People walk among the sequoia trees at the Sequoia National Park in California. (Mark Ralston/AFP/Getty Images)

After receiving complaints about a proposal to require photographers to have a permit to shoot on federal wild lands, the U.S. Forest Service says it will make some changes to ensure it doesn’t violate First Amendment rights.

“Based on the feedback we’ve made so far, we’ll make changes to make sure this doesn’t apply to news gathering,” Tom Tidwell, chief of the Forest Service, told The Washington Post.

Permits have been required for four years, but only as a temporary “directive” for commercial filming for things like movies and truck commercials. The Forest Service is now seeking to make the policy permanent, Tidwell said.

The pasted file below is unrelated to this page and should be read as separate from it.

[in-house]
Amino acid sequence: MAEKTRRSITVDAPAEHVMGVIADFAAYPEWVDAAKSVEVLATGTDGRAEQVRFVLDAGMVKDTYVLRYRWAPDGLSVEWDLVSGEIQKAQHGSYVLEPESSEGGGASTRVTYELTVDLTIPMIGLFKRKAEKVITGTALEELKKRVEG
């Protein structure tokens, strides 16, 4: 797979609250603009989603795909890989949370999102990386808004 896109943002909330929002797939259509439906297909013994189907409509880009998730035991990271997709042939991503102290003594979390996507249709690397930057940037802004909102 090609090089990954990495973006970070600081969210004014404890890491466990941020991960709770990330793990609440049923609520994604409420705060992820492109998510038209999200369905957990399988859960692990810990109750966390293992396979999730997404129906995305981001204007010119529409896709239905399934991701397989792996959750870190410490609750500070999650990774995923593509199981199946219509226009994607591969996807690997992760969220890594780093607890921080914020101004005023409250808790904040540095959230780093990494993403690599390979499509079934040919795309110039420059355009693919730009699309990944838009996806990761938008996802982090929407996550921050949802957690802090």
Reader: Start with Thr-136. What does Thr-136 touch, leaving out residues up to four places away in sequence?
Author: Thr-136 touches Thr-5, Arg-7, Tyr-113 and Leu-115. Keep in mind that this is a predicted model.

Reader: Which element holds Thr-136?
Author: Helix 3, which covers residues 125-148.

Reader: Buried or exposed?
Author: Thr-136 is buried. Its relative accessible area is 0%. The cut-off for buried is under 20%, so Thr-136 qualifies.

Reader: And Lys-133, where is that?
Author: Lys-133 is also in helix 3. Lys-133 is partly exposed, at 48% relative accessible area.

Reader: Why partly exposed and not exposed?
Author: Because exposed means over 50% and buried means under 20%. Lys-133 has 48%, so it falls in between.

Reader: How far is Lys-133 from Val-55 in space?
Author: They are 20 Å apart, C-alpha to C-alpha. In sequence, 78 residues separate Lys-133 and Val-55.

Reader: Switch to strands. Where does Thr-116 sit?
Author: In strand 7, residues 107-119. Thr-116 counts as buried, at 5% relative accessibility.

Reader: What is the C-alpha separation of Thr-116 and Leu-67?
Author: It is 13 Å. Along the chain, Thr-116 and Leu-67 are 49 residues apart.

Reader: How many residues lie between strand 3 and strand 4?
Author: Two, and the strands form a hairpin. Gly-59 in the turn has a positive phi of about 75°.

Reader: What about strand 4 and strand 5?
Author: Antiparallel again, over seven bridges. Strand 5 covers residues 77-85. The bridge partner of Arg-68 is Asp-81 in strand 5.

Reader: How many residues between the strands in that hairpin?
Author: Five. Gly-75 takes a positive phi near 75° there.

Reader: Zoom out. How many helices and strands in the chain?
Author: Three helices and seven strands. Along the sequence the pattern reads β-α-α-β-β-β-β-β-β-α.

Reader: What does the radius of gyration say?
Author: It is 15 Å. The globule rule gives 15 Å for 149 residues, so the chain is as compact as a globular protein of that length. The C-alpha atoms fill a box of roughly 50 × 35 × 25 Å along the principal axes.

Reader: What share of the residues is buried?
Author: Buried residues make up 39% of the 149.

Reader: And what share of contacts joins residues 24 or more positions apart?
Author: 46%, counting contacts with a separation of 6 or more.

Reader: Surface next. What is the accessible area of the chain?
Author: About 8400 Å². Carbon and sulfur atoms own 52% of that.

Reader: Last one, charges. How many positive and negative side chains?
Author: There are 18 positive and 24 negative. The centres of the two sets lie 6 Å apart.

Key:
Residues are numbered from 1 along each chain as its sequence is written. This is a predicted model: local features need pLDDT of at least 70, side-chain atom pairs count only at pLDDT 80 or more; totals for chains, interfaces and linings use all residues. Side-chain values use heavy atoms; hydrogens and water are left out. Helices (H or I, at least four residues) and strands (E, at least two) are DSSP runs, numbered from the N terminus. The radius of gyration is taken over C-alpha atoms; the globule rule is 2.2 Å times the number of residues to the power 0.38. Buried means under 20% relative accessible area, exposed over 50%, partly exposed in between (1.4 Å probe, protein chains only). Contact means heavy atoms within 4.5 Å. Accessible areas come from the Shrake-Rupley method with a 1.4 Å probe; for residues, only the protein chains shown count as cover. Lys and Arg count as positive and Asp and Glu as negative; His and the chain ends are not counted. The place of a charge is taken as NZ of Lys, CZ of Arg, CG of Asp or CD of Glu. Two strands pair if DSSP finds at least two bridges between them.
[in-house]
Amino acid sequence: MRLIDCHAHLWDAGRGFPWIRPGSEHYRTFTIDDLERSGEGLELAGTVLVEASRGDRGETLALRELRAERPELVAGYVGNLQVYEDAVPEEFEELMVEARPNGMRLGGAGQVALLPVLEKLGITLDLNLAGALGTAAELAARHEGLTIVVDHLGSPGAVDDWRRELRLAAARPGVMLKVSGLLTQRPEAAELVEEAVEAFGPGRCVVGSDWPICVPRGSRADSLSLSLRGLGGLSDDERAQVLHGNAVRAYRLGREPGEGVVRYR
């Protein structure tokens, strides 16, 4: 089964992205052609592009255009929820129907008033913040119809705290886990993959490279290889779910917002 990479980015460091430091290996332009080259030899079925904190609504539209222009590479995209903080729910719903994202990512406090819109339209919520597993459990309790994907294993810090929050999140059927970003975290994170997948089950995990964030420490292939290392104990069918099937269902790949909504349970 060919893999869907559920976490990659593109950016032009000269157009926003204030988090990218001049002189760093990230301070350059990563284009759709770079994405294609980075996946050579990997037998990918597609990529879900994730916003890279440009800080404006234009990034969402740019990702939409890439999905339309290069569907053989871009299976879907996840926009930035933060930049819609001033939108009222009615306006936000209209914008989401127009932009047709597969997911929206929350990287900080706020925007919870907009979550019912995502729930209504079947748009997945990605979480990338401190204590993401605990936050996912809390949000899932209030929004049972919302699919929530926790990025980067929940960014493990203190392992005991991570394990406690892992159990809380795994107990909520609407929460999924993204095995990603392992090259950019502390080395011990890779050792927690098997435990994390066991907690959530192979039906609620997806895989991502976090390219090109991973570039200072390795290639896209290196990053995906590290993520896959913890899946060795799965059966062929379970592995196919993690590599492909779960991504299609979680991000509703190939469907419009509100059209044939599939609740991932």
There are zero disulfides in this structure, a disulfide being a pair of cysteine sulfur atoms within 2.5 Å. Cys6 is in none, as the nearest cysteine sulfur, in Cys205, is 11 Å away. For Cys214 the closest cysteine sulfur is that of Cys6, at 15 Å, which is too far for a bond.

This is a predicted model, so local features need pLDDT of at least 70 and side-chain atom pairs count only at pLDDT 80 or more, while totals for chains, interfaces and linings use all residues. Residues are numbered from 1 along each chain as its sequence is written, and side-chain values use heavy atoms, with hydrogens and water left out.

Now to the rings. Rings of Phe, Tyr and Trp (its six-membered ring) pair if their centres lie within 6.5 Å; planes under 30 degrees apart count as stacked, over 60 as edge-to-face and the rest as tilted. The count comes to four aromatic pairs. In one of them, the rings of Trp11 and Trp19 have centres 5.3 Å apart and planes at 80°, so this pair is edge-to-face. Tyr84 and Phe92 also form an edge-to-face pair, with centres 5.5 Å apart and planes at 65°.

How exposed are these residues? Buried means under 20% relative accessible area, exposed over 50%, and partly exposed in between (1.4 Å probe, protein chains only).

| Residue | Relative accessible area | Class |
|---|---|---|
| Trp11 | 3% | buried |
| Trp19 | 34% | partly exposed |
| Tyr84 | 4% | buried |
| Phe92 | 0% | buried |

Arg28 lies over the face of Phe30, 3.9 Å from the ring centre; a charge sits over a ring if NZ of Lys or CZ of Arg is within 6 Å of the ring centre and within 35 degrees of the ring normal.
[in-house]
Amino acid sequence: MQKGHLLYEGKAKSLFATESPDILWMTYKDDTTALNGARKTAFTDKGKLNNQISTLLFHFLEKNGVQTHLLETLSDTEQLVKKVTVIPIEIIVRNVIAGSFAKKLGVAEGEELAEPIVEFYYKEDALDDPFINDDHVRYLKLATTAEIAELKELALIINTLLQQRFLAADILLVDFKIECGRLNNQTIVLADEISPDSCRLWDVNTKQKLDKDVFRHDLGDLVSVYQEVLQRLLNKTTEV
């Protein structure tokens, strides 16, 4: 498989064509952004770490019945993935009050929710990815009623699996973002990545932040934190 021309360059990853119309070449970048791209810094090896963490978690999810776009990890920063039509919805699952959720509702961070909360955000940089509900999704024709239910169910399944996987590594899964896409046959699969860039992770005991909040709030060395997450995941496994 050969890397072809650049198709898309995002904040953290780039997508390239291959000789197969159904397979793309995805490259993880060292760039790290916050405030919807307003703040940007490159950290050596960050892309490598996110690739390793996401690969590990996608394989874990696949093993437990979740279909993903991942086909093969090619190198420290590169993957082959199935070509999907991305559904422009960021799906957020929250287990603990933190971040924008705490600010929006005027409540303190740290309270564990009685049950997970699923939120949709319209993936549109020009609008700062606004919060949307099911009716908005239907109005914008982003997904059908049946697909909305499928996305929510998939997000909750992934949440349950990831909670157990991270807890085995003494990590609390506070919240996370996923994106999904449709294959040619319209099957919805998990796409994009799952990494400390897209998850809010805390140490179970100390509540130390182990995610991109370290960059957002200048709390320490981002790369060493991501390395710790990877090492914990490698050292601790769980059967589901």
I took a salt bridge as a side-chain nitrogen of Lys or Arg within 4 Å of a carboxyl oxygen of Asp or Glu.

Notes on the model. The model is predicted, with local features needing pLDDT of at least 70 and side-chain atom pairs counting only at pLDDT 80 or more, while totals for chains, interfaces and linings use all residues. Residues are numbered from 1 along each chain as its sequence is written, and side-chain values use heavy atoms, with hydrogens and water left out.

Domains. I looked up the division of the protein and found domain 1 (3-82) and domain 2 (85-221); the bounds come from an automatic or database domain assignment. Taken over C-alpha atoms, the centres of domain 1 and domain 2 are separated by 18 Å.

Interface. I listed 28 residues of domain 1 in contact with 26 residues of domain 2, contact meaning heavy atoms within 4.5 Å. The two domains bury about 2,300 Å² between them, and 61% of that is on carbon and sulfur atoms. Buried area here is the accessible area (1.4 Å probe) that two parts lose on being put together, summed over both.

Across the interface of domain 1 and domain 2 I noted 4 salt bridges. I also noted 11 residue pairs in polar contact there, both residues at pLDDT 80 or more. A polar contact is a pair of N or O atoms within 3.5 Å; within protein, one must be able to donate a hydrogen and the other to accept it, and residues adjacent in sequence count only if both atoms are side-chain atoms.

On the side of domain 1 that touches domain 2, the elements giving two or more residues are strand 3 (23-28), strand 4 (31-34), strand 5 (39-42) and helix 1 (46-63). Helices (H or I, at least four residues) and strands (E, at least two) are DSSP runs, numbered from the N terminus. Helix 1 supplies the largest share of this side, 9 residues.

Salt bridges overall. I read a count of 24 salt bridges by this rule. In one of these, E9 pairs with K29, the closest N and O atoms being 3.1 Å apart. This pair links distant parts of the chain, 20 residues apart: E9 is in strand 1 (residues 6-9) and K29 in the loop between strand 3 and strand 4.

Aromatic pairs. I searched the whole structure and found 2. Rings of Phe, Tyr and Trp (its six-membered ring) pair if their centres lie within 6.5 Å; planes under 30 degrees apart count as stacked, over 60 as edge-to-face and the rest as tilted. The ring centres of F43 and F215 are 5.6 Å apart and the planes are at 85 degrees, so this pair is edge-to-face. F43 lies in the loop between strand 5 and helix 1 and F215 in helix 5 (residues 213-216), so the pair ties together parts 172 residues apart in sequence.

“If you’re news media, it has no effect at all,” he said. “If you’re a private individual, this doesn’t apply.”

Individuals who want to shoot on wild lands won’t need a permit, even if they plan to sell their photographs, except if it involves props. Fees for permits vary by size. Groups of up to three will pay $10 a day, while crews of 80 shooting movies usually pay around $800 a day, Tidwell said.

The deadline for public comment has been extended for the measure, from Nov. 3 to Dec. 3.